Not many people passed “Alex’s Colorful Corner” without experiencing a demonstration from its proprietor, 7-year-old Alex Serra, a first-grader at Greensview Elementary School in Upper Arlington.
Alex was one of 21 students who participated in the Columbus Children’s Business Fair on April 27 at Avery Lodge, 3980 Main St. in Hilliard.
The Children’s Business Fair almost doubled in size since its inaugural event last year when it was attended by 11 students and held at Coffee Connections of Hilliard, 4004 Main St.
“We moved this year because we needed the room,” said business-fair organizer Kristy DiGiacomo.
DiGiacomo is a Hilliard resident who owns Learning Leaf, a mobile tutoring and education-service provider for students of all ages.
Each student was required to submit a business model and pay $25 to lease a booth, she said. The fair was open to students ages 6 to 16.
The students also had the opportunity to work with “mentors” who provided assistance to students to establish and carry out their business models, DiGiacomo said.
Alex’s idea was to allow customers to make their own artwork on coasters.
He demonstrated using Sharpie markers of multiple colors to make random swirls on a piece of ceramic tile.
A small amount of rubbing alcohol was poured on the surface and a lighter was applied to the surface, causing the ink marks to spread in unpredictable ways and creating a psychedelic pattern on each piece of tile.
Customers could make their own artwork or purchase his demo piece for $2.
Sarina Friedman, 8, a third-grader at Emerson Elementary School in Westerville, was selling artwork at the business fair.
“I really enjoy painting so I chose this,” said Sarina, whose booth was named “Sarina’s Nut N’ But Paint.”
Sarina’s sister, Rhianna, a sixth-grader at Genoa Middle School in Westerville, sold jewelry under the name “Rhianna’s Creations.”
In addition to acrylic on canvas for $5 each, Sarina sold hand-painted ceramic coasters for $2 each.
Like Sarina, 11-year-old Josh Piko, a fifth-grader at Scioto Darby Elementary School in Hilliard, blended his personal interests with his business model.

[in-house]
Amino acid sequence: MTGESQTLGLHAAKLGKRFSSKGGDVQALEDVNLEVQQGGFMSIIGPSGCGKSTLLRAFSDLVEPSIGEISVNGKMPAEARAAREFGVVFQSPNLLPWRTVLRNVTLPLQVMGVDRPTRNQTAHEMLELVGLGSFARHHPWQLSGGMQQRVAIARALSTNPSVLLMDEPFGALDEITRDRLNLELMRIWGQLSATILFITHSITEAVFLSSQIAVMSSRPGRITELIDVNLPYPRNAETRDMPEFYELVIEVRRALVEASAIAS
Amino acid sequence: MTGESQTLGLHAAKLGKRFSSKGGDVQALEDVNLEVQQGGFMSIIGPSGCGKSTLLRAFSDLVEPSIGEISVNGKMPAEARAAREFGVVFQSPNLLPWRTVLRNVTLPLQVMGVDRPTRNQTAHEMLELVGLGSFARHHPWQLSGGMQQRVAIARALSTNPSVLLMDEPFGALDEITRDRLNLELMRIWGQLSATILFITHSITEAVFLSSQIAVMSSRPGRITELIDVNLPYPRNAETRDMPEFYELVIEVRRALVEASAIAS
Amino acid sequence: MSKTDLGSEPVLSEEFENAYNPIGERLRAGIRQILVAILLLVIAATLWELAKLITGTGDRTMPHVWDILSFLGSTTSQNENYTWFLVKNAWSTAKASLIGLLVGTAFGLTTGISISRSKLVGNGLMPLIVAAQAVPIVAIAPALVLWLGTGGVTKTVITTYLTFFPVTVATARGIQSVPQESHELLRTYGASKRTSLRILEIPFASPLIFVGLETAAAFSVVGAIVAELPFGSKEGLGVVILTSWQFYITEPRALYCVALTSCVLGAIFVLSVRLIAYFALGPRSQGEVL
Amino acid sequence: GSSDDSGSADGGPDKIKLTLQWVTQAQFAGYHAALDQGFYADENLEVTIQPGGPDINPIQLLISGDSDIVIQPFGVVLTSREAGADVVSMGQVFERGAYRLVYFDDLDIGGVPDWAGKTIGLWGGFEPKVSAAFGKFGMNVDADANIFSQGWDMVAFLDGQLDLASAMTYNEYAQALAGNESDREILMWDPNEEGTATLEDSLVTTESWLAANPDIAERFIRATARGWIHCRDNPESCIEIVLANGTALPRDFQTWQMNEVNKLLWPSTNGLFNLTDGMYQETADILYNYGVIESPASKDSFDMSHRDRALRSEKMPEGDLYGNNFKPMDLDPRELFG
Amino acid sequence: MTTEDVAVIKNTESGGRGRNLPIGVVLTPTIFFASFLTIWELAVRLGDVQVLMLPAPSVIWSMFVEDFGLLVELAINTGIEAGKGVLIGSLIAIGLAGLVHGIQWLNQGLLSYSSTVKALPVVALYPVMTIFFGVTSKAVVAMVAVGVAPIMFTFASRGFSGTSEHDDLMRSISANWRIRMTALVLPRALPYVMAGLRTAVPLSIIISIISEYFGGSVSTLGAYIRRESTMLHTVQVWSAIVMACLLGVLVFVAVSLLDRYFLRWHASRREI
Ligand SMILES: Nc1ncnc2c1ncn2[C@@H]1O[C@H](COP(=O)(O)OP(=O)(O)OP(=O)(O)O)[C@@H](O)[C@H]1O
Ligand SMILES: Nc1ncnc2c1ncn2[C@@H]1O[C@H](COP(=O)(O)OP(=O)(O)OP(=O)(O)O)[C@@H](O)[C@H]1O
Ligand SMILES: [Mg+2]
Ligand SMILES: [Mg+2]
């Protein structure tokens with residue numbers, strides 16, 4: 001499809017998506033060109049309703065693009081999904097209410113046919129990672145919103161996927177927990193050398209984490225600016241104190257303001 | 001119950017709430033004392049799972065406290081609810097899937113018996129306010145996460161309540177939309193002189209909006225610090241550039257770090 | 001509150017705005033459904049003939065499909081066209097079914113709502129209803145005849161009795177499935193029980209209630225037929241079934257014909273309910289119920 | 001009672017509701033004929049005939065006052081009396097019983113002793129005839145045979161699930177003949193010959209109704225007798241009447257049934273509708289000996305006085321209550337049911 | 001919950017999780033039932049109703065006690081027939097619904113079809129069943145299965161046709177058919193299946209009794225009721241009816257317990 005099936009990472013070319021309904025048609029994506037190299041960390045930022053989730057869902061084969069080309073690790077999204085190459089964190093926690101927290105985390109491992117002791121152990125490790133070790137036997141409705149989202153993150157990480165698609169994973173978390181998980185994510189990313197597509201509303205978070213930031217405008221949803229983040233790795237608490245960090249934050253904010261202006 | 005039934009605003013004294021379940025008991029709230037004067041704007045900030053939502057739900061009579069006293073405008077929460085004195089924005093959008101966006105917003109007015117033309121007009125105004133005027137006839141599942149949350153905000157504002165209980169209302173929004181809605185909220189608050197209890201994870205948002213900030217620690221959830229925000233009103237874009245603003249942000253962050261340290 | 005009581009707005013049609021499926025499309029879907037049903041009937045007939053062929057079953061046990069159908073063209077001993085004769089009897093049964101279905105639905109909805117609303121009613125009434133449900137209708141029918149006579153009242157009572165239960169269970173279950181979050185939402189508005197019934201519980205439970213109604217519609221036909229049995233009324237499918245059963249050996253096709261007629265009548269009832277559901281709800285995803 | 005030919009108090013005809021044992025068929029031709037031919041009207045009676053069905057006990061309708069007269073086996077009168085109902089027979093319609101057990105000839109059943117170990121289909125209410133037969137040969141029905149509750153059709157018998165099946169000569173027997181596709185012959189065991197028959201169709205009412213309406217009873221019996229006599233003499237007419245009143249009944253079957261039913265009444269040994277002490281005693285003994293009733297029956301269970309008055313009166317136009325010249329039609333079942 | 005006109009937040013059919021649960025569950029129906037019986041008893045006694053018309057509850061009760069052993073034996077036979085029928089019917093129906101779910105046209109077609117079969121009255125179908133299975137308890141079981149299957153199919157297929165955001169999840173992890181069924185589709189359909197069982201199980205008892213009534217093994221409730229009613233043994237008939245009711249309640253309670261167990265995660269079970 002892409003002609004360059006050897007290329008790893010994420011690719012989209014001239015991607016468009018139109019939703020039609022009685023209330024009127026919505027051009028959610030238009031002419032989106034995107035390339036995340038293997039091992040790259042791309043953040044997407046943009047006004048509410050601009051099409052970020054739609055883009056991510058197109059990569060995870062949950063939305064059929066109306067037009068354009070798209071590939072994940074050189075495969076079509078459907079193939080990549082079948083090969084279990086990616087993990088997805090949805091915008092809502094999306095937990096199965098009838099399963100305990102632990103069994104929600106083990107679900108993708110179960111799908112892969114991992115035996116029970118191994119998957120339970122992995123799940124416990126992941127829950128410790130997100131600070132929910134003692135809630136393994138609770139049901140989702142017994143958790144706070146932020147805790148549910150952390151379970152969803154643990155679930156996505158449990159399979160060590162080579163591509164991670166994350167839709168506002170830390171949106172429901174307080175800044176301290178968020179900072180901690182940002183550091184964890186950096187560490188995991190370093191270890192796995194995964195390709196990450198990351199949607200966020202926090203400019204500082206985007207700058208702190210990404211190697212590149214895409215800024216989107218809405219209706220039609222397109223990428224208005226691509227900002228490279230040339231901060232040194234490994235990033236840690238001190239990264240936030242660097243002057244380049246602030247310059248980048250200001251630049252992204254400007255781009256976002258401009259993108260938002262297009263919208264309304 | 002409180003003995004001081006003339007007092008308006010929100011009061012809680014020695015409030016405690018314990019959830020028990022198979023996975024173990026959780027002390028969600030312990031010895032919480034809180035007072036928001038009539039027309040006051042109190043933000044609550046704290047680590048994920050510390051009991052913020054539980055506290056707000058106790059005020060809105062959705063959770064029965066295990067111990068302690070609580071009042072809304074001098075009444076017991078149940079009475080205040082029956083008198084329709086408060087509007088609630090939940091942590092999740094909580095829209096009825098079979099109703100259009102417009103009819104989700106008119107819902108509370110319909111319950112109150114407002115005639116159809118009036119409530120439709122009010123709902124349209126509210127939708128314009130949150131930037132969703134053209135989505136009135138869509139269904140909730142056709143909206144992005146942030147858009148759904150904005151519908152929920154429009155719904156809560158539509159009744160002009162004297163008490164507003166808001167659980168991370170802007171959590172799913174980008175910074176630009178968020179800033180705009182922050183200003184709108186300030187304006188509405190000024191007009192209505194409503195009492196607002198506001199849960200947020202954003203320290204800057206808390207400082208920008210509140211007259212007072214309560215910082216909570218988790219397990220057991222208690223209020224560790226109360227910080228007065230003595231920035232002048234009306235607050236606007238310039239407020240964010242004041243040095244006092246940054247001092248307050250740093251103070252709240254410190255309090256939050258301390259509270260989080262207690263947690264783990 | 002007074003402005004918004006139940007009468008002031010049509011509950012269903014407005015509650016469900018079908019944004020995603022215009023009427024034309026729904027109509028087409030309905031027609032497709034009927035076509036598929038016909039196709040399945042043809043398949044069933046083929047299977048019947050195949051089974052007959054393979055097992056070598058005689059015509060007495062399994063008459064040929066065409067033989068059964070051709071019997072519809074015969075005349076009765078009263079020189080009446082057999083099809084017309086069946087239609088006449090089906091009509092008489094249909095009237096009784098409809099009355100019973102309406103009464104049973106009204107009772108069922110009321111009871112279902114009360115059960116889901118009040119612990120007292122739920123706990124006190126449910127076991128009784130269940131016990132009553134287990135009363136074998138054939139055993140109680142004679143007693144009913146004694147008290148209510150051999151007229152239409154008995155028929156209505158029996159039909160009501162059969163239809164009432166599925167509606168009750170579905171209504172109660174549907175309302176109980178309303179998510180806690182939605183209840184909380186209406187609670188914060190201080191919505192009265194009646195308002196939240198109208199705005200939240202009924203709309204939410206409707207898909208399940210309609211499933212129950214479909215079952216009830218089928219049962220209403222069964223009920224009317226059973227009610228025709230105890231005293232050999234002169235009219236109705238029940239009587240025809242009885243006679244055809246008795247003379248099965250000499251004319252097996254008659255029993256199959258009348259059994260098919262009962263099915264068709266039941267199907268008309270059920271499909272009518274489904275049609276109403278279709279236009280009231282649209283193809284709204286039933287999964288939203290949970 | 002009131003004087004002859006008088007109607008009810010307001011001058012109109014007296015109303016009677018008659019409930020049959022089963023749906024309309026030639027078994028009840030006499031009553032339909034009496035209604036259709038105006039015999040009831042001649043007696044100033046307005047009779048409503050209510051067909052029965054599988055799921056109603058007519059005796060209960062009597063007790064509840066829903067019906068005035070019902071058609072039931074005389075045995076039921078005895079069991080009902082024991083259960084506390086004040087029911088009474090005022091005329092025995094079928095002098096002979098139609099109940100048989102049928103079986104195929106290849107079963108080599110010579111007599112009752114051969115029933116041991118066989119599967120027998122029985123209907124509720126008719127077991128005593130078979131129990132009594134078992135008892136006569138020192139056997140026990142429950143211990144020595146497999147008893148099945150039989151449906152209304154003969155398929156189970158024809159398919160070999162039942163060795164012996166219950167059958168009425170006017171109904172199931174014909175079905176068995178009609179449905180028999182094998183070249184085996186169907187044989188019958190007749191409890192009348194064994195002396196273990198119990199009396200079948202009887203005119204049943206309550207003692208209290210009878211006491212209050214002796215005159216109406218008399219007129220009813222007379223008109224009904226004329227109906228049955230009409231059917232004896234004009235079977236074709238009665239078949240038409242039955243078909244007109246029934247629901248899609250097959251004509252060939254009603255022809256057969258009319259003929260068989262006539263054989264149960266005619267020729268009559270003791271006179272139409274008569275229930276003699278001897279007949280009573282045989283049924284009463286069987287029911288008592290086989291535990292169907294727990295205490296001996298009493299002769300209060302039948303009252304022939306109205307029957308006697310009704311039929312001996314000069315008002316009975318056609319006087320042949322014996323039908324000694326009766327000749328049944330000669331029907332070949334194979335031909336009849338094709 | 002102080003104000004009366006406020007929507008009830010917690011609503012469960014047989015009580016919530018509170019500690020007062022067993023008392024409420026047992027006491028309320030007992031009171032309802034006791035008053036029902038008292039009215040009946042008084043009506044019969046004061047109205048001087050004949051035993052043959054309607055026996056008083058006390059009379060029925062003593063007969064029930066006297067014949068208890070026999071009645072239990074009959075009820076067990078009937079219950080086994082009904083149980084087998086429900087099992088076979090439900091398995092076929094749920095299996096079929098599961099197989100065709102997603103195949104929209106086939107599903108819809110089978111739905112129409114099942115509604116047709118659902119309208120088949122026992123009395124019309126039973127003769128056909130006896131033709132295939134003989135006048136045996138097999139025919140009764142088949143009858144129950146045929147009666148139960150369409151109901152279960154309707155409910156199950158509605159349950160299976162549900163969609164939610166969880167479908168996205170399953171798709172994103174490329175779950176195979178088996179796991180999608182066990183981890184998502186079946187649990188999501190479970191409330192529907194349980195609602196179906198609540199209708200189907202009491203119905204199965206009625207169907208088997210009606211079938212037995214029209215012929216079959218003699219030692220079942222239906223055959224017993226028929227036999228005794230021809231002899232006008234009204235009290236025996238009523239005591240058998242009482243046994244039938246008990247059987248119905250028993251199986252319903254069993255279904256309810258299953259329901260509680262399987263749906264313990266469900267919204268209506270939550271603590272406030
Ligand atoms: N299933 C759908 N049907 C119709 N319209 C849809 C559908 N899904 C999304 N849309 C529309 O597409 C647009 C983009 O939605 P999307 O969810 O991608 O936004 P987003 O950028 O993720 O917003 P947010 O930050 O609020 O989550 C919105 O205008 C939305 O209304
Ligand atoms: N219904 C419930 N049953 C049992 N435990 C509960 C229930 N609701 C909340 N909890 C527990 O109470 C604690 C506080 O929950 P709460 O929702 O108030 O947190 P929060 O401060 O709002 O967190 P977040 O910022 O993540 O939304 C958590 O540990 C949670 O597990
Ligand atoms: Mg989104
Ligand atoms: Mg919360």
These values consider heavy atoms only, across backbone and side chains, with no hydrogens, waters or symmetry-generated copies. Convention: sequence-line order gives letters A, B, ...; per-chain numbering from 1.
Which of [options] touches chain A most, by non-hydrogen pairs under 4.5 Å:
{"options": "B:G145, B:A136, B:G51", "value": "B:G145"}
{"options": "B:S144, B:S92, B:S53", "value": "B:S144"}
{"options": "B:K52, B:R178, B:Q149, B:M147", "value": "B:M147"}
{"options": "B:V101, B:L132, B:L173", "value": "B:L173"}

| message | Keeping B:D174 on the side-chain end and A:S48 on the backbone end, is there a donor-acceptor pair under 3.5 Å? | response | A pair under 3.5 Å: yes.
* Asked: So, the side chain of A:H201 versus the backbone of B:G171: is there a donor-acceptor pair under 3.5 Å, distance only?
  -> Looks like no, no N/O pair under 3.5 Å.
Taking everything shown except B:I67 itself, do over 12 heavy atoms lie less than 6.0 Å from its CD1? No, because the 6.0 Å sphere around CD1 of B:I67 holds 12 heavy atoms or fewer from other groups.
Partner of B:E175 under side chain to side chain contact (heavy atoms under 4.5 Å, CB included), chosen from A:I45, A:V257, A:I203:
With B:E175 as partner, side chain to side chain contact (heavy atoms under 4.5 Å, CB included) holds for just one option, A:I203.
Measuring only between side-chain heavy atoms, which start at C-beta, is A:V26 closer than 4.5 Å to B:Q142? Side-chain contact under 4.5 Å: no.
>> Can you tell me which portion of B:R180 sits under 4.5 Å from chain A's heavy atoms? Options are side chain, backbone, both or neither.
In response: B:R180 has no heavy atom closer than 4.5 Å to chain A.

Josh, who plays football and baseball, was selling four-piece sets of “Josh’s Sport Coasters” for $10.
“I saw coasters with players on them and wanted to make my own,” he said.
Using a piece of ceramic floor tile, Josh selected baseball and football cards from his own collection and placed them on a painted piece of tile.
He sprayed the tile with Mod Podge, a kind of glue that seals the card under a coating, and glued cork to the back of each coaster.
“I also made a Facebook page,” @JoshsSportCoasters, on which he could sell any leftover products, Josh said.
“The kids are all great,” said Taryn Mayer, one of three judges who met with each student during the business fair. “I was a little surprised at how engaging they all are and how excited they are to show me how they made their (products).”
For judging, students were divided into two groups: age 10 and younger and 11 and older.
The awards for the 10-and-younger category included:
• Most Creative – “Vera’s Paintings” by Gwynavere Barr, 10, from Royal Manor Elementary in Gahanna.
• Most Business Potential – “Alex’s Colorful Corner.”
The awards in the 11-and-older category included:
• Most Creative – “Furry Friends” by Maggie West, 12, from Station Sixth Grade School in Hilliard and Vanessa Betz, 11, from Tharp Sixth Grade School in Hilliard.
• Most Business Potential – “4G” by Annmarie Thomas, 12, Antoinette Thomas, 10, Angelina Thomas, 9, and Andria Thomas, 8. Annmarie goes to Walnut Springs Middle School in Westerville; the other three students attend McVay Elementary School in Westerville.
The overall “Judge’s Choice” awards included:
• “Mia and Patrick’s Workshop” by Mia Hughes, 7, from Hoffman Trails Elementary School in Hilliard.
• “Crazy Chains” by Amelia Staugler, 8, from Beacon Elementary School in Hilliard.
• “Rainbow Slimes” by Monroe Harder, 11, and Violet Carter, 11, from Canterbury Elementary School in Cleveland Heights.